Imprisoned and in chains, St. Paul writes to his young companion Timothy, “I have competed well; I have finished the race; I have kept the faith” (2 Tm 4:7). Indeed, the Acts of the Apostles and his letters recount the hardships Paul had to endure — “beatings, imprisonments, riots, labors, vigils, fasts” (2 Cor 6:5) — as he traveled the Mediterranean world spreading the good news of Christianity.
As we approach the end of Lent, we might relate to St. Paul; after nearly 40 days of our penitential practices we see the light at the end of the tunnel as our six-week Lenten observances yield to Easter joy. We have endured; we have held out until the end.
When I think of endurance, Ernest Shackleton’s Antarctic expedition in 1914-1917 comes to mind. His intrepid team survived appalling trials and disasters, including the crushing of their ship (ironically named Endurance) by pack ice and a 720-mile journey to South Georgia island in an open lifeboat. That not a single man was lost on the expedition was due to superior leadership and teamwork.
During Lent we too experience superior leadership in our observances through the encouragement of the “great cloud of witnesses” who have endured hardships for their faith and whose thoughts and deeds are preserved in Scripture.
In the Old Testament we read about how our ancestors in faith, having escaped from slavery in Egypt, held out for 40 years on their journey to the Promised Land, experiencing hunger, thirst, the desert heat and attacks from hostile tribes. Though they sometimes fell into apostasy along the way, they repented and returned to the Lord, just as Ash Wednesday invites us to do.
The New Testament authors continue that theme, exhorting the early Christians, who would have much to endure in the way of persecutions, to be steadfast in the faith. Jesus himself prophesies the destruction of the Temple and tells his followers that their own family members will betray them because of him — “But the one who perseveres to the end will be saved” (Mt 10:20-22, 24:13; Mk 13:13).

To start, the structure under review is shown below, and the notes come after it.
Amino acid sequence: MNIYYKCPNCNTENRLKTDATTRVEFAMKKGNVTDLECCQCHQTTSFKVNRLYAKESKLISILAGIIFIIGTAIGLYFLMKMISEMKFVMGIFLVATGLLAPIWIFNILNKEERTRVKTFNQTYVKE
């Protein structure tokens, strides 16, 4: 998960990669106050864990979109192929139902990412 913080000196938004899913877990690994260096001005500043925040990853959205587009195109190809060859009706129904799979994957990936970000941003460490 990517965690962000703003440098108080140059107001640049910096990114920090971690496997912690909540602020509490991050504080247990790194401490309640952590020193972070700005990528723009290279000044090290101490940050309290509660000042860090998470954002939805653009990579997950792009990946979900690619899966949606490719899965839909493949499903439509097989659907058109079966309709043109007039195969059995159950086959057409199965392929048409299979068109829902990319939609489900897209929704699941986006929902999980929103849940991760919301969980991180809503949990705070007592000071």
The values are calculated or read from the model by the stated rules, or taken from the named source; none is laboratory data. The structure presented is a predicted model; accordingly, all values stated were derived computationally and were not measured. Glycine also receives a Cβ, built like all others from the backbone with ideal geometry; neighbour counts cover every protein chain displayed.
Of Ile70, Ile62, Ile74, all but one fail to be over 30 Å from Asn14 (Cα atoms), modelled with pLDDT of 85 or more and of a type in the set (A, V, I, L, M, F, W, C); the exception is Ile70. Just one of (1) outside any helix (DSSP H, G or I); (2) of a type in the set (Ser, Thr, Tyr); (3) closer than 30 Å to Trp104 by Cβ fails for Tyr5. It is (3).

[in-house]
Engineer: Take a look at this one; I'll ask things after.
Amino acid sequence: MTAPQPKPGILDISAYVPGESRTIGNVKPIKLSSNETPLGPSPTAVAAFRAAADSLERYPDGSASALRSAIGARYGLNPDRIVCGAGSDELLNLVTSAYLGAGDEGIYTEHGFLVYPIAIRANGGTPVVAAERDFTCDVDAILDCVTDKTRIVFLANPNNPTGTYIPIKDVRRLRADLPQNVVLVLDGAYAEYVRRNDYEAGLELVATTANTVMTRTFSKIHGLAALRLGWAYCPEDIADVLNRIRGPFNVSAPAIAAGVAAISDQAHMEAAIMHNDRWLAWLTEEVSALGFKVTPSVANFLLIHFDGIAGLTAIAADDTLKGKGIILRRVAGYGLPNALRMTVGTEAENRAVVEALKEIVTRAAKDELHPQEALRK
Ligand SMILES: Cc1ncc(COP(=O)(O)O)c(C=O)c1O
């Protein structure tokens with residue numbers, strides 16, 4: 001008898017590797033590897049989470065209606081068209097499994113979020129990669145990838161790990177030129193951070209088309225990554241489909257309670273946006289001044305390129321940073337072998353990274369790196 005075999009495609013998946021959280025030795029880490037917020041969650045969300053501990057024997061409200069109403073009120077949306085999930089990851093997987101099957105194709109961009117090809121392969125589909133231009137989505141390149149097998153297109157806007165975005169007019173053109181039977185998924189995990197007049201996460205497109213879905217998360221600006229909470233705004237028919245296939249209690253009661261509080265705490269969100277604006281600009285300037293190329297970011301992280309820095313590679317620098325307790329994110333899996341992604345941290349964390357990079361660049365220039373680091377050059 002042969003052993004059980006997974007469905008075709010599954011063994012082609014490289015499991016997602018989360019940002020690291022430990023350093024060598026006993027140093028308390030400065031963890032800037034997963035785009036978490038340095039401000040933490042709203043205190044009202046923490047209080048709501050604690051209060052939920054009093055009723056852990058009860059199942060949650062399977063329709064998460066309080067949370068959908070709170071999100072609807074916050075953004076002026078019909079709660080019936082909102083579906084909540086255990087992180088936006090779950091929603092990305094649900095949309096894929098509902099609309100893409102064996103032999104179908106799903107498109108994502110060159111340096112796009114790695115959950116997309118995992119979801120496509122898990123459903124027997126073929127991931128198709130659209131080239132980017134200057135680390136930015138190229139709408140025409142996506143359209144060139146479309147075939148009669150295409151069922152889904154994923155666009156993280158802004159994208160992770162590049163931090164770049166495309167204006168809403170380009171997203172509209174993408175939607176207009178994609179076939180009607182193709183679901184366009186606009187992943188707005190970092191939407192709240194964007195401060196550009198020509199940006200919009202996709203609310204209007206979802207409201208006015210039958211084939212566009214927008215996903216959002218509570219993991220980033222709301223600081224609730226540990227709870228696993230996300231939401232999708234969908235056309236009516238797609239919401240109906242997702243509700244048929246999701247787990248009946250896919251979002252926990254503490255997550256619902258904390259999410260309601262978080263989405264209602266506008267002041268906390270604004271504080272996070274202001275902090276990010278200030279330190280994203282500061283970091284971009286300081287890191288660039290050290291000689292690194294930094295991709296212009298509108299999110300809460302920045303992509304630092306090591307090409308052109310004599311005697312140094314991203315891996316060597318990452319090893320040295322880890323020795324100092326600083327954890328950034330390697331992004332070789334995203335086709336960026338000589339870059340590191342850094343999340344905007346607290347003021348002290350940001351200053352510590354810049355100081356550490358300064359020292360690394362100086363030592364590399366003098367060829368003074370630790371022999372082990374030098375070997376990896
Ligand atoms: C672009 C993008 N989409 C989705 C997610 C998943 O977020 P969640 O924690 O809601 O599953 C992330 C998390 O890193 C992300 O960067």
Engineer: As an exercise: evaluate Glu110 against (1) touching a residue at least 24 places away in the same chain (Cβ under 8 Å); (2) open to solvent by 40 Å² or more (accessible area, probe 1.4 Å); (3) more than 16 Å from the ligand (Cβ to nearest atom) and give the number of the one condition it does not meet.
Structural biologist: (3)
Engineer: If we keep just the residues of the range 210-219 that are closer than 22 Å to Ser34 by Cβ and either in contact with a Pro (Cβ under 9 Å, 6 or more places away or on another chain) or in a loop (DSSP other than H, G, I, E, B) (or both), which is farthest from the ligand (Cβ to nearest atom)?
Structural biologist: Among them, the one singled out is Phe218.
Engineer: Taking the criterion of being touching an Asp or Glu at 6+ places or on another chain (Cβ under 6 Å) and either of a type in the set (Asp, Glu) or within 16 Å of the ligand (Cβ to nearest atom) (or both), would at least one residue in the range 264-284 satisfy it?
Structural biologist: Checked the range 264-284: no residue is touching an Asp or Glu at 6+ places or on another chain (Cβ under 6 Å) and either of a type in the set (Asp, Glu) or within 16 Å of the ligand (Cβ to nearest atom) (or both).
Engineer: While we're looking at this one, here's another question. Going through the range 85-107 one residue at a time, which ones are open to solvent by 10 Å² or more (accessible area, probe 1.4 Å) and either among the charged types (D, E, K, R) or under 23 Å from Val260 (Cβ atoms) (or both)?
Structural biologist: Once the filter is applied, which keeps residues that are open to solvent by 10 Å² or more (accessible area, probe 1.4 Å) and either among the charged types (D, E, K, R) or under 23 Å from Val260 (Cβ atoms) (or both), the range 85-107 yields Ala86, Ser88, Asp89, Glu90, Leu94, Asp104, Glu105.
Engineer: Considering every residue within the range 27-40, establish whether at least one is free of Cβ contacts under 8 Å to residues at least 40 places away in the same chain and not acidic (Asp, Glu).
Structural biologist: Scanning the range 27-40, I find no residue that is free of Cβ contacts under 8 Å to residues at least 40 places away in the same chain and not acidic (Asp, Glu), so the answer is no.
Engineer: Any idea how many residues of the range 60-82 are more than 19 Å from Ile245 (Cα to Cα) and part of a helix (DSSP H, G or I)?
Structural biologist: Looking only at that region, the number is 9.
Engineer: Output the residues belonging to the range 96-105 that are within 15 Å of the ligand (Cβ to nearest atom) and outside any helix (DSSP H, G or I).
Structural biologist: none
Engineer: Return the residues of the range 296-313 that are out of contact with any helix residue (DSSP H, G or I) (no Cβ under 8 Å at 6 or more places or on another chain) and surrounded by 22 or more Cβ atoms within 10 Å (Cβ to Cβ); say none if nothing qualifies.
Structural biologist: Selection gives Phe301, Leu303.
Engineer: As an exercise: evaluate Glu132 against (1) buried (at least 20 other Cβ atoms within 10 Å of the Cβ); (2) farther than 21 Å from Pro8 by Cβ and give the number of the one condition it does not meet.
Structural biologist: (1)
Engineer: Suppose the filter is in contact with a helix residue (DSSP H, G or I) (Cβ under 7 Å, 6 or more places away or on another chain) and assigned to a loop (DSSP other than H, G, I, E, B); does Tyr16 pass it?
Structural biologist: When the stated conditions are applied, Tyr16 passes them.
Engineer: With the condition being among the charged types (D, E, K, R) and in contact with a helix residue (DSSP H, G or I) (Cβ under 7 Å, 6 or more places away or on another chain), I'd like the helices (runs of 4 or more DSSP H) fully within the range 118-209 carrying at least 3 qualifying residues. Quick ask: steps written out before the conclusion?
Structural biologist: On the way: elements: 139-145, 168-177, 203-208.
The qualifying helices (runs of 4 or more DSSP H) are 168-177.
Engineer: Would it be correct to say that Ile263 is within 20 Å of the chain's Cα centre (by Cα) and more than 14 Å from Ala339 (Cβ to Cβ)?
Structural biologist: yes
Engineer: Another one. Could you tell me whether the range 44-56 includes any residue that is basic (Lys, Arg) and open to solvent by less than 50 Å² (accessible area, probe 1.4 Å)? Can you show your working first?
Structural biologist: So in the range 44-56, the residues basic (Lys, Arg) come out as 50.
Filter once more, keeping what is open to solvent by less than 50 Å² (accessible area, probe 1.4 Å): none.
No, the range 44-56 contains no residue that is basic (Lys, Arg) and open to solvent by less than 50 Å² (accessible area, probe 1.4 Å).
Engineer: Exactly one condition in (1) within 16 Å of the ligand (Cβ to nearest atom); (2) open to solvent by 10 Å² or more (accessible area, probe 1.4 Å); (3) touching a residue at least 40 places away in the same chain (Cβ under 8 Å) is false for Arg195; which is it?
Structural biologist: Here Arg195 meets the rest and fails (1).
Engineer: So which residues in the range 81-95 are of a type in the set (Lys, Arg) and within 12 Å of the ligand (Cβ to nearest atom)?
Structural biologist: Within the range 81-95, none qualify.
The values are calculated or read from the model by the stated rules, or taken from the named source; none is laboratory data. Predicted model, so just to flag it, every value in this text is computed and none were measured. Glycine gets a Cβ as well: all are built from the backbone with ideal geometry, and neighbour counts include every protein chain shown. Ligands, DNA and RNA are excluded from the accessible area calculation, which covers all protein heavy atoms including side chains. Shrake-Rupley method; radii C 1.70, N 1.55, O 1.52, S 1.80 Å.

St. Paul, even in the imprisonment from which he knows he will not get out alive, exhorts Timothy to follow his example in being steadfast in the faith, for the one thing we can count on is that “if we persevere, we shall also reign with (Christ)” (2 Tm 2:12).
While the First Letter of Peter regards the trials suffered by the early Christians as a test, that genuineness of their faith will win for them “an inheritance that is imperishable, undefiled and unfading” (1 Pt 1:4).
We can take heart that Jesus, our Lord and Savior, has gone before us in seeing trials and challenges through to the end. He endured 40 days of fasting and praying in the inhospitable desert, an experience that culminated in his encounter with Satan.
He not only stood out for the entire 40 days; he also resisted the devil’s temptations and emerged from the ordeal with a clearer vision of his mission and how he would carry it out.
Later, having already been tried by fire, Jesus endured the horrors of the crucifixion and emerged as victorious king — our exemplar, as the Letter to the Hebrews reminds us: Just as Jesus endured the cross for the sake of the joy to come, so too must we “persevere in running the race that lies before us” (Heb 12:1-2).
A final word of encouragement comes from the author of Psalm 27. Despite many trials, the psalmist, certain that he will “see the Lord’s goodness in the land of the living,” exhorts us to hold firm: “Take courage; be stouthearted, wait for the Lord!” (Ps 27:13-14).
Nancy de Flon is a freelance editor, writer, translator and photographer.
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